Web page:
“CIFAR played a critical role in supporting my work and deserves credit for funding many of Canada’s biggest breakthroughs in artificial intelligence research. Providing adequate resources for basic curiosity-driven research is essential for attracting and retaining leading researchers here in Canada. It was essential in establishing Canada’s position as a world leader in AI, and it remains the key to driving Canada’s future leadership in this field.”
Yoshua Bengio, a professor of computer science at the Université de Montréal and another AI pioneer and CIFAR fellow, said “CIFAR has made it possible to have the kind of thriving AI hubs we currently enjoy in Canada, along with the associated industrial ecosystems, which are positioning Canada as an international leader in AI.”
“I am thus truly saddened by the news that the Ontario government is cutting its funding for CIFAR.”
A spokesperson for CIFAR said “we continue to have a positive relationship with the government of Ontario.
“We had anticipated this possibility and have adjusted our operations accordingly.”
The Vector Institute was launched in 2017 to capitalize on Ontario and Toronto’s leadership in AI and stem the “brain drain” to Silicon Valley and elsewhere in the United States. Its mission is to drive excellence in the knowledge and use of AI and to foster economic growth and improve the lives of Canadians. It is also supported by the federal government and private sector sponsors.
The cuts to Vector came from a $30-million program announced by the Liberal government in 2017 that was designed to develop the AI workforce in Toronto by growing the number of graduates with advanced degrees in the field. Vector received $10 million from the program last year but will not receive the remaining $20 million. (The province also provided $50 million to establish the Vector Institute in 2017.)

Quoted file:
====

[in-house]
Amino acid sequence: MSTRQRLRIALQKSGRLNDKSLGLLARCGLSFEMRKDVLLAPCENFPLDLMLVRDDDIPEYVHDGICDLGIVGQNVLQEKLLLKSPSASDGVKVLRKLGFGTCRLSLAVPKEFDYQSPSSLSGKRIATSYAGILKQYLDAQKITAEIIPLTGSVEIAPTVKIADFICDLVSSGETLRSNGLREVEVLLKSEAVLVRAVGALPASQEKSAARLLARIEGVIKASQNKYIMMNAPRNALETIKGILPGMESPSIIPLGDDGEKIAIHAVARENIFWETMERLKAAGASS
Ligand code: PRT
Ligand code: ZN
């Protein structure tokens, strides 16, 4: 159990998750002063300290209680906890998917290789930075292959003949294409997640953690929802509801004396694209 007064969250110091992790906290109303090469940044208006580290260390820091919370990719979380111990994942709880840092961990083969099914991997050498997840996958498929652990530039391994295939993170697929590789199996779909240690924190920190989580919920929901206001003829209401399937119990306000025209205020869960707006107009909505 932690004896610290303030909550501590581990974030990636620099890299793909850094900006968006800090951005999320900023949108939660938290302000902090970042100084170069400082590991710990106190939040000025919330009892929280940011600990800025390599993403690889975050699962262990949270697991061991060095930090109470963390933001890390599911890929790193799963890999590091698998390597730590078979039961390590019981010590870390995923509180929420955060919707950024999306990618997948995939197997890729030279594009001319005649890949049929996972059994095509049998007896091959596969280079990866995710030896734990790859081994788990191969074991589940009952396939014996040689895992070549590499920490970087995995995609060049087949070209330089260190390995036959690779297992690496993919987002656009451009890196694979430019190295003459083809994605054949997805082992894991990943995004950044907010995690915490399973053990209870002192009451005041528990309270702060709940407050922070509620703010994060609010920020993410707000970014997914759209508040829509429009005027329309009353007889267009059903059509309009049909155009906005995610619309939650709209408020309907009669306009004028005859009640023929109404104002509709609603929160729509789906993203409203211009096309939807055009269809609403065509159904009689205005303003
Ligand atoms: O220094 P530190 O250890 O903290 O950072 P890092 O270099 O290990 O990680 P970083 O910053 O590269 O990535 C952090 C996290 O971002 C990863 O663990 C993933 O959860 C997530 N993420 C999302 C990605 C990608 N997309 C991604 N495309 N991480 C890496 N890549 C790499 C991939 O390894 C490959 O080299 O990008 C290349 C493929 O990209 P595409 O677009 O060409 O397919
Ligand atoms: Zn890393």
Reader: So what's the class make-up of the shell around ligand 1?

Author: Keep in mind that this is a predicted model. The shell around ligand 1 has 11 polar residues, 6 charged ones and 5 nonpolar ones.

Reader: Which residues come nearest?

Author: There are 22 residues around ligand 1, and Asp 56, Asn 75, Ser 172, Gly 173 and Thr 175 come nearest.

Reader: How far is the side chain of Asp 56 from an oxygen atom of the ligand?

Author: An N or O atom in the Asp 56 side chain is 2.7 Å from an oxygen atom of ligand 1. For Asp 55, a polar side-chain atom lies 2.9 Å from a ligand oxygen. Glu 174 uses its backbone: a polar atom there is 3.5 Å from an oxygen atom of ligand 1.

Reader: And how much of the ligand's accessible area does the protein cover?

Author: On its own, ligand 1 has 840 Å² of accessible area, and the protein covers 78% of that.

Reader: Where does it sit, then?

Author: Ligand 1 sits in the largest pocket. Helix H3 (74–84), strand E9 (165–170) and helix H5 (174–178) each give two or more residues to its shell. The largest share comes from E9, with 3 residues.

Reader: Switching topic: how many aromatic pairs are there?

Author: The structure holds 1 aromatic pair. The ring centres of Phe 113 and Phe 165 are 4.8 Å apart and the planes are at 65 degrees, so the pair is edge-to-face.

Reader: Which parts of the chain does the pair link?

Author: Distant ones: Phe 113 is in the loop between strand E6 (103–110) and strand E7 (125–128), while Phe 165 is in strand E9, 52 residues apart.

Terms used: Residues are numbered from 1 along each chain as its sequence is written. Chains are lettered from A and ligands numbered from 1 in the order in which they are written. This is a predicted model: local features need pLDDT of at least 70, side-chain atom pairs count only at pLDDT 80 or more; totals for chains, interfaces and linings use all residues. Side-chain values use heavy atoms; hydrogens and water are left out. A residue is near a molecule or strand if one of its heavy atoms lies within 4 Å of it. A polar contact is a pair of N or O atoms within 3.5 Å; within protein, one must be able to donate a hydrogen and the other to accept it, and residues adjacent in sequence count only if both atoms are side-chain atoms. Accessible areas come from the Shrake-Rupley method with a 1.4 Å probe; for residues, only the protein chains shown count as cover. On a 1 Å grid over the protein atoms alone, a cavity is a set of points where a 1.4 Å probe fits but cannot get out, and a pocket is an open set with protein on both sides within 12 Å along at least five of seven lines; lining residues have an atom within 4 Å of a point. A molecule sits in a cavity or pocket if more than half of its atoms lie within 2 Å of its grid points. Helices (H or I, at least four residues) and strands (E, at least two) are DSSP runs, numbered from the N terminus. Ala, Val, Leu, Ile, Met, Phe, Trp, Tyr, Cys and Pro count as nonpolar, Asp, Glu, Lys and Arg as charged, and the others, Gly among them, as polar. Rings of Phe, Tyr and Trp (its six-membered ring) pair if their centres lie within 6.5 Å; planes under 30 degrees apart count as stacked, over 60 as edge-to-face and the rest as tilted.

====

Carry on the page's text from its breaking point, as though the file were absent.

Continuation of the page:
Garth Gibson, Vector’s president and CEO, called Ontario “an important partner.”
He added, “We’ve seen a reduction in line with (the) province’s imperative to eliminate deficits and the resulting year-over-year change for that ministry. This will not affect jobs at Vector, but it has caused us to sharpen the focus of our programming.”
CIFAR and Vector are the second and third research institutes in the past few days that the Star revealed have lost their provincial funding. The Ontario Institute for Regenerative Medicine, which supports research dedicated to translating stem cell discoveries into treatments for victims of incurable illnesses, learned its funding would not be renewed after its $5 million in annual provincial support ends next year. OIRM hopes to find other sources of funding to remain open.
One OIRM researcher had received a $100,000 grant to pursue treatment for extremely premature babies with lung damage. Critics contrasted the loss of that funding to a program the Ontario government announced last week that will give $100,000 to “Hats for Hides,” which encourages hunters to trade in unwanted animal pelts for a hat or decorative crest.
Kate Allen is a Toronto-based reporter covering science and technology. Follow her on Twitter: @katecallen